Before you decide to invest in this type of marketing, you have to see it for what it truly is. Content marketing represents the bridge between the brand’s and user’s desires and needs. Although the goal of every sane content strategy out there is to drive in more traffic and increase sales, in most cases, it still aims at that blind spot that brings the two sides together.
That’s why it’s still an inbound strategy. Content marketing is a long game. To see some significant fruits of your labor, you need to develop a certain continuity when it comes to the quality of your work, and be willing to wait a significant amount of time for that cash register to go: “Ka-ching!”.
But it’s worth it. Especially if you plan to stick around.
As I already wrote on this blog before, as a person who favors content marketing far above any other marketing technique, I play a whole different game here. I know that most of my shoppers are quite experienced and well-educated, and that there’s no way in Hell that they would go out and purchase a web hosting package before fully understanding who stands behind.
Numerous of examples have shown that my current and potential customers care about brand reputation, the general story of what a certain company tells through its channels, and all those other things that paint a clearer picture of the person with whom they’re doing business with. All their decisions are data driven, so the only thing that I could do to influence them is to create enough reasons to see my brand as the real deal. That’s why I never chase my clients. My strategy is to provide good enough reasons for them to chase me instead.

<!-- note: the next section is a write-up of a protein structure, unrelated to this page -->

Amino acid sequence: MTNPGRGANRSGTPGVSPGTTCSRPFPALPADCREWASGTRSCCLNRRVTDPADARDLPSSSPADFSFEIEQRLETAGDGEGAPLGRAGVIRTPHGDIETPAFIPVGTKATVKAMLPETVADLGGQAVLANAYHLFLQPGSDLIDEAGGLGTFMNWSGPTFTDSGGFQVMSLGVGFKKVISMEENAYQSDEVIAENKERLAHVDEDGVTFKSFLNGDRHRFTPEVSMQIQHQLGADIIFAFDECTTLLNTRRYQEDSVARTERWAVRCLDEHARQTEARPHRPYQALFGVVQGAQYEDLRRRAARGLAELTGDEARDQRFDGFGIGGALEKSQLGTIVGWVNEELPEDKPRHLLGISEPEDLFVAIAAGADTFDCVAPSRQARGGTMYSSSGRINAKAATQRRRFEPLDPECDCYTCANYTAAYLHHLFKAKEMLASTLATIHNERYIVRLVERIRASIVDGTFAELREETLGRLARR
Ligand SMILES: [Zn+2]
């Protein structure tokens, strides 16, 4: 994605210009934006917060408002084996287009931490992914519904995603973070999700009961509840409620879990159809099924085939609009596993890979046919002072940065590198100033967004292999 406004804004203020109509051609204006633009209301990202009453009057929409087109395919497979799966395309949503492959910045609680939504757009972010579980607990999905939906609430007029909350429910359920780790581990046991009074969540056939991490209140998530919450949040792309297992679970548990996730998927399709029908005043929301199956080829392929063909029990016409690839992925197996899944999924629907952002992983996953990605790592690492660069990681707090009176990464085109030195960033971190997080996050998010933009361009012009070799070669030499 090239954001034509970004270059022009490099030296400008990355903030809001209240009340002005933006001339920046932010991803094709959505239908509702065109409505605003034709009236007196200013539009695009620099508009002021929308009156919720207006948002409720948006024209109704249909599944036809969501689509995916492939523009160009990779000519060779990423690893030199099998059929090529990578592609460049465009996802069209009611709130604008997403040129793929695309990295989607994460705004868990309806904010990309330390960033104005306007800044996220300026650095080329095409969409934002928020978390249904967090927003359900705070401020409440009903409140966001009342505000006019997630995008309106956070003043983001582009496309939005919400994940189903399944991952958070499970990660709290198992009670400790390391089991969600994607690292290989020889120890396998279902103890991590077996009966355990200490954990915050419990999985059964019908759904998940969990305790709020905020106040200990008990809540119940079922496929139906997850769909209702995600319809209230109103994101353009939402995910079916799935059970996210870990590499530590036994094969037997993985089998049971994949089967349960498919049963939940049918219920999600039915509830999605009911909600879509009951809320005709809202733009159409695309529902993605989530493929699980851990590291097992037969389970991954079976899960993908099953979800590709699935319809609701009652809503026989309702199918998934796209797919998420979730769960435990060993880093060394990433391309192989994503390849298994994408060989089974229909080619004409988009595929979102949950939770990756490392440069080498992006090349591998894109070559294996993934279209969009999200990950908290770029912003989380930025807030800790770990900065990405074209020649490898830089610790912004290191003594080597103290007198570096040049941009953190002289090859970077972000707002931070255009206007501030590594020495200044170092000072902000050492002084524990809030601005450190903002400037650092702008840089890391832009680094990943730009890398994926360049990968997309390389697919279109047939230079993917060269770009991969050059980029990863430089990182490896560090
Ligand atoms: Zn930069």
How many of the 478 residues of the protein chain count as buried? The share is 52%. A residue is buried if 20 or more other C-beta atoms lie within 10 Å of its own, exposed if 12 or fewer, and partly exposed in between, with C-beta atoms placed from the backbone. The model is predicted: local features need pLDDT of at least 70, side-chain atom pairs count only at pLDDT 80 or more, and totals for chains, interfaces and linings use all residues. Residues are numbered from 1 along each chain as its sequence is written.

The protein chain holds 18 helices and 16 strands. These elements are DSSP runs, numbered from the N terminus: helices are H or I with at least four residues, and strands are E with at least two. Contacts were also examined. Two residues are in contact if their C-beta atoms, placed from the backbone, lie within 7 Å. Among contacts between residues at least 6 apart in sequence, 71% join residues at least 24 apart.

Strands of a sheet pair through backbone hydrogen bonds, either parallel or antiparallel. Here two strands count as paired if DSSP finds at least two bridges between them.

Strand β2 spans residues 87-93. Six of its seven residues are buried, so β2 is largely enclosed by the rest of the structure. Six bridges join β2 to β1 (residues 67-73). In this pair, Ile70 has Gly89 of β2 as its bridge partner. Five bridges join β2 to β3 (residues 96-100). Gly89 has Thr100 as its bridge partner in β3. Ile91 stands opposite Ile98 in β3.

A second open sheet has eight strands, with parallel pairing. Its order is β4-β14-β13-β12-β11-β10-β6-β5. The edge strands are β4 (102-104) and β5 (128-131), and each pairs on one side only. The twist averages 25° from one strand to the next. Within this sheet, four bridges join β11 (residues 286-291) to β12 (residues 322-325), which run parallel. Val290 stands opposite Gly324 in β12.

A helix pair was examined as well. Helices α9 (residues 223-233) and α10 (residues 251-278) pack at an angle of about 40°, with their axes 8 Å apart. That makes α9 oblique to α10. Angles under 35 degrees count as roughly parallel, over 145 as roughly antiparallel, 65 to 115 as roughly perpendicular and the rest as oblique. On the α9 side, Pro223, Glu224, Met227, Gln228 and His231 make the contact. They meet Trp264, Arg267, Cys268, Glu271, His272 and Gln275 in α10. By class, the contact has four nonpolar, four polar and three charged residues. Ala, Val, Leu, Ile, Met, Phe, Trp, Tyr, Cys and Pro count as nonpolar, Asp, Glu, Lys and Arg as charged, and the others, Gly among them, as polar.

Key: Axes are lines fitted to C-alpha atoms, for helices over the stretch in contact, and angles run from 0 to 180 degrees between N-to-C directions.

My knowledge and expertise is my visit card. Instead of bombarding them with ads and all sorts of different proposals, my goal here is to give my current and potential users a constant flow of useful and valuable content that actually helps them overcome their daily and weekly troubles. If I manage to do that, I’m pretty sure that they’ll have enough sense to go on and buy stuff from me, or maybe even recommend my company to some of their friends who are looking for a good and reliable web hosting solution.
I hope this post helped you see what content marketing is all about and what you need to think about when coming up with a blueprint for your own strategy. If you have anything to add to this post or ask a question, feel free to write your thoughts in the comments section below.
This is it for now.
See you soon again,
Goran @ AltusHost B.V.